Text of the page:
Paul D. Miller: Hey Kamal. How’s everything?
Q-Tip: I’ve been chillin’, just working.
PDM: I know you’ve got the new project with Kanye West coming up, The Last Zulu. The whole idea of tracing your genetic chart back to South Africa was kind of cool. Do you want to speak on that for a second—genetics and beats?
Q-Tip: Genetics and beats? I feel like the drumbeat is a natural thing. Our heartbeat moves at a certain BPM. The drumbeat, being the first instrument, the platform for us, being that we all kind of come from that—it’s all beats. For me, in particular coming up in the Zulu Nation in New York City to find the lineage to the Zulu tribe in South Africa. I traced my DNA and it turned out that my genetic roots were from Zulu in South Africa.
PDM: Let’s talk about beats. You’re an actor, a rhymer, a conceptualist, and I know you’re into painting, as well.
Q-Tip: Beats, rhymes, poetry—it’s all abstract. I play with that in a way that’s real but different. I love painting, too. Basquiat, beats, deejay cuts, and scratches on records. Vinyl and shit, it’s all part of the same thing. I keep it abstract.
PDM: Let’s talk about lyrics versus Basquiat. Basquiat started as a deejay and painter. I’ve always viewed you as a lyricist who plays with words like they’re on a kind of canvas. The idea of abstraction is not something you’re frightened of. Lots of hip hop artists are so busy trying to make their cypher, they always talk about realism. But realism from your point of view, or at least for me as a deejay who’s collected a lot of your records over the years—Q-Tip, I’ve loved your work for many years, you know that, right?—and that conceptual Zulu Nation pan-human angle. That’s Futurism.
How did you go from thinking about the “Native Tongues” concept to action? Because Beats, Rhymes, and Life, the Michael Rappaport film that you were in—it was decent and cool, but it showed a lot of tension, and you’ve always been somebody that builds bridges. The idea is as powerful as the word.
Q-Tip: For me with art and all that stuff—I like abstraction. I like contortion. I mean, it’s still truth. But it’s truth through the center of the individual. It doesn’t necessarily mean that it’s fallacies or falsehoods. It just happens to be one perception of what’s happening. We all have our own takes on things. To being yourself. The abstract, the whole thing that I play with, seems to result in seeing through your lenses, and once you express how you see things to others, you start to see there are similarities between all people. It’s kind of like, no matter how far you go, you’re still where you started, in a way.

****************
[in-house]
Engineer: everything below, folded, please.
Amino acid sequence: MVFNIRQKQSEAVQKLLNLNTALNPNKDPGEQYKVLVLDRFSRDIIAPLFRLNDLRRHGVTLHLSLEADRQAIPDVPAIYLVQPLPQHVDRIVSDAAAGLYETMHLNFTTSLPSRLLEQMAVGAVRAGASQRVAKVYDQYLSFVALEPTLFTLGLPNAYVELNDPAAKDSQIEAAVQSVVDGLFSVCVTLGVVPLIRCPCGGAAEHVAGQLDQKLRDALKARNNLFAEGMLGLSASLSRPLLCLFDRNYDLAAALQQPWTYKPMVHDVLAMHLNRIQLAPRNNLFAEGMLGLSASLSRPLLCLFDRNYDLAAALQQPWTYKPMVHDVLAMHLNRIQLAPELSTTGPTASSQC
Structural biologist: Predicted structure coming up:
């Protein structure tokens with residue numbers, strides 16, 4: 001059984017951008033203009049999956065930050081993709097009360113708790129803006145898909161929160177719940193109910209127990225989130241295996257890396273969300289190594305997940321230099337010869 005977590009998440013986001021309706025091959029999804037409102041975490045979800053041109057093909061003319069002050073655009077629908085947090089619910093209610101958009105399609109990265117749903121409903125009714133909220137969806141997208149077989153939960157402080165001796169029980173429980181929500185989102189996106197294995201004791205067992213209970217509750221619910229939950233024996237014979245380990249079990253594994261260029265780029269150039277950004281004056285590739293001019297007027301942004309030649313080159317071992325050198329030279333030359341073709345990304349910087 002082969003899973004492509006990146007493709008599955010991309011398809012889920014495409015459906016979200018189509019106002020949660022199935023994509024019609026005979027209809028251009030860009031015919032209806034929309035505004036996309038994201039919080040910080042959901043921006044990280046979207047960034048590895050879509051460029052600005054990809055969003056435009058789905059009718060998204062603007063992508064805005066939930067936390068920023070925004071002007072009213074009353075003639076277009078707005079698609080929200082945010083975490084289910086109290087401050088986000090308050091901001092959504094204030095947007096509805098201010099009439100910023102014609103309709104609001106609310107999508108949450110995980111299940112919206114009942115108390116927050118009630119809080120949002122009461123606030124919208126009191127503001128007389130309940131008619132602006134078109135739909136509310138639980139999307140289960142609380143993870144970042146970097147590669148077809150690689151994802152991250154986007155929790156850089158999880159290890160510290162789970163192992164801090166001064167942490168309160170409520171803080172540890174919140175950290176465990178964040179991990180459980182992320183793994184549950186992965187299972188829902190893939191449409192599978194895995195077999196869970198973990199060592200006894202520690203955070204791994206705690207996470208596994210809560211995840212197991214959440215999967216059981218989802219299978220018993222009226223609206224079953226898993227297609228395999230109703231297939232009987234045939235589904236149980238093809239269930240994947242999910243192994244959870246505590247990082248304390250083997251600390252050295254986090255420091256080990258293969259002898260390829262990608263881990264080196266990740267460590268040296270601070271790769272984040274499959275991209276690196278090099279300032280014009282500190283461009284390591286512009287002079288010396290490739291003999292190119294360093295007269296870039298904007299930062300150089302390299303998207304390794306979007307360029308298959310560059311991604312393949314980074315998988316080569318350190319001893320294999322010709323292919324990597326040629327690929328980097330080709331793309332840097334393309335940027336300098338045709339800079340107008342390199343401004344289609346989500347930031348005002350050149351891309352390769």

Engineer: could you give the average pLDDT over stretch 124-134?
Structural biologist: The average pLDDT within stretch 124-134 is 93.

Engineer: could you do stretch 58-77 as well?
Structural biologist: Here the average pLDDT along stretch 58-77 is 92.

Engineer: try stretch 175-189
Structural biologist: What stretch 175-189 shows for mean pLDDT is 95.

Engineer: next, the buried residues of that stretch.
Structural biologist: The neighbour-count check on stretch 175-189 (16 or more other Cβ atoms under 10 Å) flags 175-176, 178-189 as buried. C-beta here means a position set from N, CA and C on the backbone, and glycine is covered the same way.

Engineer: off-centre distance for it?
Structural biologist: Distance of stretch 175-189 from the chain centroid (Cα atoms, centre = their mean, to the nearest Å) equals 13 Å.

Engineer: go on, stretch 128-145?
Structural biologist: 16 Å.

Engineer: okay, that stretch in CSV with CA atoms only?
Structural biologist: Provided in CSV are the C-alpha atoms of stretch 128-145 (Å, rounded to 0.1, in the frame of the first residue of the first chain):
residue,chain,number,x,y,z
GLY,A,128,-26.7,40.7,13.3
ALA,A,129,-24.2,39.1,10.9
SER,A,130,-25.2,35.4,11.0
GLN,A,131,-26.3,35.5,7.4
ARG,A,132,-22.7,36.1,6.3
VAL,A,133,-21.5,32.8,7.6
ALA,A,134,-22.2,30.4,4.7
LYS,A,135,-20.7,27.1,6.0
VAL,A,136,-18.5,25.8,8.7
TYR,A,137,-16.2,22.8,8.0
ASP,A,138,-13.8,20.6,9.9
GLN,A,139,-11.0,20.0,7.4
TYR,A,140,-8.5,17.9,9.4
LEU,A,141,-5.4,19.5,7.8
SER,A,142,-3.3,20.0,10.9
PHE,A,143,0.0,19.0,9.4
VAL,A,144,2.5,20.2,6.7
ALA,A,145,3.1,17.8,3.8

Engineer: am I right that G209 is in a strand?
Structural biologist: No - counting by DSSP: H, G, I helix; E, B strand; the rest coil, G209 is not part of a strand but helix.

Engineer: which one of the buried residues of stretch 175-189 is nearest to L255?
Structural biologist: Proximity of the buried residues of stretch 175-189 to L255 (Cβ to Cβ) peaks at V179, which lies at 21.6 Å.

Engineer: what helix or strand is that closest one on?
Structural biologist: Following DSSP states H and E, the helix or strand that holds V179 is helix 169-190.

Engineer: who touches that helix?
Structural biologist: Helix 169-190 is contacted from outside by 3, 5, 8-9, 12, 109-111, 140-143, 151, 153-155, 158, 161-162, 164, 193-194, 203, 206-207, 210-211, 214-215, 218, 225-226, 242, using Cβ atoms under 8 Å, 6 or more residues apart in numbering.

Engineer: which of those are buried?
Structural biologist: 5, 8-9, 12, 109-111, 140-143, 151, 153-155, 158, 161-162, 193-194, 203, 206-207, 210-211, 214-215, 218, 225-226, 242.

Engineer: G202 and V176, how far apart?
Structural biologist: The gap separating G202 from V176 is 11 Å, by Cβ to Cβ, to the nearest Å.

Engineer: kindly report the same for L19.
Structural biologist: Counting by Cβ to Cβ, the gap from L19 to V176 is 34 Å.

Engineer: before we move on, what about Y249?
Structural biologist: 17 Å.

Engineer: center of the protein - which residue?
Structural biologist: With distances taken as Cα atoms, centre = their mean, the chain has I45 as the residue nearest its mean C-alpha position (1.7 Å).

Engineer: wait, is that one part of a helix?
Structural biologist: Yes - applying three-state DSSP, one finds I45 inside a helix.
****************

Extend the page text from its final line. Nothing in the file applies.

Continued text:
PDM: Right now there are two people from the hip hop generation doing a lot film. One is RZA. And he started as a producer and then did soundtracks and now is a director. The other is 50 Cent, who is acting in a lot of films. Queen Latifah, LL Cool J. And then of course there’s the controversy with Spike Lee and Quentin Tarantino. Have you seen Django Unchained yet?
Q-Tip: It was entertaining, as movies go. I didn’t think that it was necessarily derogatory or an unfair portrayal of African-Americans during the slave trade. But I don’t think the film was about the slave trade. It kind of resembled Blazing Saddles to me. The antihero comes to town to right the wrongs, to uphold something that’s good. Whereas Django is really a love story about a man wanting to reunite with his wife. Trapping him just happens to be, you know, pre-Civil War America, slavery America. And being a delicate environment, the trinkets and monikers of slavery abound. Some may have thought the usage of the word ‘nigger’ was a bit gratuitous on Quentin’s part. And who knows—the director could have put his own personal thing into it, but I think overall as a film, I didn’t view it as egregious in its forming a story. I didn’t think that it was offensive.
PDM: If you look at Melvin Van Peebles, or Gordon Parks Shaft, what’s so beautiful about that—the way that you deal with beats and the way RZA deals with beats, it’s a cinematic flow—he transferred from making mix tapes with kung fu clips from old Shaw Brother’s Film Studio clips cut up over beats. The dialogues would come from old Chinese films, Hong Kong classics, into directing. I like to think of the emcee as a director, the way that you guys tell the story. Do you want to talk about cinema a little bit?
Q-Tip: I’m a cinephile. I love movies, I love film at every level. I’m a student of it. It informs me as does all art in my music, because there’s stories, there’s acts, there’s moods, there’s dynamics, there’s moodiness, emotion. All of those things that play into a film. I think that could equally be said about music. It definitely informs me. Beats is stories.
PDM: What’s up with your deejay style these days? Last couple times I heard you, you were playing everything from the Police on over to ESG. Any new styles that you’re checking out? Kuduro out of Angola? Brazilian baile funk? Dancehall?
Q-Tip: I try to check in with all of it. As long as it has some sort of soul to it. I like music with soul and passion and the good of humanity. As long as it has those things, I’m all the way in.
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